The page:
The role of effective leaf mixing length in the relationship between the δ18O of stem cellulose and source water across a salinity gradient

Patricia V. Ellsworth, Patrick Z. Ellsworth, William T. Anderson, Leonel S.L. Sternberg

Research output: Contribution to journalArticlepeer-review

16 Scopus citations


Previous mangrove tree ring studies attempted, unsuccessfully, to relate the δ18O of trunk cellulose (δ18OCELL) to the δ18O of source water (δ18OSW). Here, we tested whether biochemical fractionation associated with one of the oxygen in the cellulose glucose moiety or variation in leaf water oxygen isotope fractionation (ΔLW) can interfere with the δ18OSW signal as it is recorded in the δ18OCELL of mangrove (saltwater) and hammock (freshwater) plants. We selected two transects experiencing a salinity gradient, located in the Florida Keys, USA. The δ18OCELL throughout both transects did not show the pattern expected based on that of the δ18OSW. We found that in one of the transects, biochemical fractionation interfered with the δ18OSW signal, while in the other transect ΔLW differed between mangrove and hammock plants. Observed differences in ΔLW between mangroves and hammocks were caused by a longer effective leaf mixing length (L) of the water pathway in mangrove leaves compared to those of hammock leaves. Changes in L could have caused the δ18OCELL to record not only variations in the δ18OSW but also in ΔLW making it impossible to isolate the δ18OSW signal. This is a study of two potential obstacles to monitor sea level rise using oxygen isotope ratios of stem cellulose. Oxygen isotope ratios of stem cellulose did not record with a high fidelity changes in source water isotope ratios from ocean to freshwater across two coastal transects. Biochemical fractionations interfered with the oxygen isotope ratio of the stem water signal during its recording into the oxygen isotope ratio of stem cellulose in one of the transects. Changes in the leaf water oxygen isotopic enrichment between mangroves and freshwater plants interfered with the source water oxygen isotopic signal in the other transect. Further studies on the effects of salinity stress on biochemical and physiological oxygen isotope fractionation are necessary.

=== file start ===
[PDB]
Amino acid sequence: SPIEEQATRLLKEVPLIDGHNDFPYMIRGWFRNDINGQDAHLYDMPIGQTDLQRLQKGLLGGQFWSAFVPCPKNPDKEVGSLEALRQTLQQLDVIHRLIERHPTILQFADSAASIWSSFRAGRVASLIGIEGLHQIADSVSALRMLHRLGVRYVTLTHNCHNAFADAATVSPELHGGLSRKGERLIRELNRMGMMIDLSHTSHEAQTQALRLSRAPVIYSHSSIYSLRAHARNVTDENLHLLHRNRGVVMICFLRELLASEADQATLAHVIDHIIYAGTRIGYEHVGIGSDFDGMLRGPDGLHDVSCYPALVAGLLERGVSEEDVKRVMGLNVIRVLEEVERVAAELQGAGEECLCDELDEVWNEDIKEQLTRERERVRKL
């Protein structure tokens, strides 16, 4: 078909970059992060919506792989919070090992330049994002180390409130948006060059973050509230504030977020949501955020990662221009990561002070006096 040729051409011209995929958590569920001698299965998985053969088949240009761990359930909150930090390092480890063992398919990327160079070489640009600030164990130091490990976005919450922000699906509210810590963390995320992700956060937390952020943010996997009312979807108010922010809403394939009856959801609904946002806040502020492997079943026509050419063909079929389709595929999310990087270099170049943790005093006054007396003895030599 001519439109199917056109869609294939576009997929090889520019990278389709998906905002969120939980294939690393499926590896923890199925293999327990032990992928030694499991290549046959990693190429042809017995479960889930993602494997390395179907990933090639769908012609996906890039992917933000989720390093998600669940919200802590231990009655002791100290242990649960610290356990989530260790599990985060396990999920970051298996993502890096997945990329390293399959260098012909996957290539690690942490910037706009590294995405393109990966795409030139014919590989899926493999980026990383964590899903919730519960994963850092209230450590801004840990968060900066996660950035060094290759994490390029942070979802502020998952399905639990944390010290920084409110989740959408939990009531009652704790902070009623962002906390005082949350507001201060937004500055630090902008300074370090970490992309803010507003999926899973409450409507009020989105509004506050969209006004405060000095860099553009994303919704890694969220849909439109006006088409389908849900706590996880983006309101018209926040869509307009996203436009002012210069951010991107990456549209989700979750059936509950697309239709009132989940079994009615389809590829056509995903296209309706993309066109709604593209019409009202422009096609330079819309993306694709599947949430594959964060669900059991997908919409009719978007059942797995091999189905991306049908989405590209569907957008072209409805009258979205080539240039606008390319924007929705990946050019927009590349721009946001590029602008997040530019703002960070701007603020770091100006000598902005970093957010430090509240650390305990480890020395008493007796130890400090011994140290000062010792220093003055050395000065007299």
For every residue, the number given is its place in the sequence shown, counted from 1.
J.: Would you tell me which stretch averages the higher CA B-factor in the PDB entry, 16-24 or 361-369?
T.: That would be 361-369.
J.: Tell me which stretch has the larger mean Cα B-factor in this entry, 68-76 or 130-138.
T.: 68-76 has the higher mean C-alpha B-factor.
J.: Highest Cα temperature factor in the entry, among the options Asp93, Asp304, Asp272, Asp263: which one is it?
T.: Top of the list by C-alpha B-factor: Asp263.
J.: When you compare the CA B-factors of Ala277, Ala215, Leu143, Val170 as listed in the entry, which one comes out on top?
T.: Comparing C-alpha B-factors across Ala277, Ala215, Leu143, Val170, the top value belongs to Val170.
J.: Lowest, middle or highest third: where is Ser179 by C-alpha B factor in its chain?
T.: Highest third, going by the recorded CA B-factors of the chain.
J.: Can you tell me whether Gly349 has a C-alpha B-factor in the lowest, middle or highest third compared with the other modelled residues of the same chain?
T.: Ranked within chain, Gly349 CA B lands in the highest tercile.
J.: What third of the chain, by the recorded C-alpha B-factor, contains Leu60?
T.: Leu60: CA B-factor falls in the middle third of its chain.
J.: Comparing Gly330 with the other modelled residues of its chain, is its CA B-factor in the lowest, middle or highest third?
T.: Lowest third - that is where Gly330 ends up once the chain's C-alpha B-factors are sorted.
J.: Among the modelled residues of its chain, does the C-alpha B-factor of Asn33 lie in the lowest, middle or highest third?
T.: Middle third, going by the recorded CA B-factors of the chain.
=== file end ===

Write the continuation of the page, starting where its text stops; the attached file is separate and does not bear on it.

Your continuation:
Original languageEnglish (US)
Pages (from-to)138-148
Number of pages11
JournalPlant, Cell and Environment
Issue number1
StatePublished - Jan 2013
Externally publishedYes


  • Freshwater plants
  • Leaf water oxygen isotope fractionation
  • Mangroves
  • Oxygen isotope fractionation of phenylglucosazone
  • Oxygen isotope fractionation of stem cellulose
  • Sea level rise

ASJC Scopus subject areas

  • Plant Science
  • Physiology


Dive into the research topics of 'The role of effective leaf mixing length in the relationship between the δ18O of stem cellulose and source water across a salinity gradient'. Together they form a unique fingerprint.

Cite this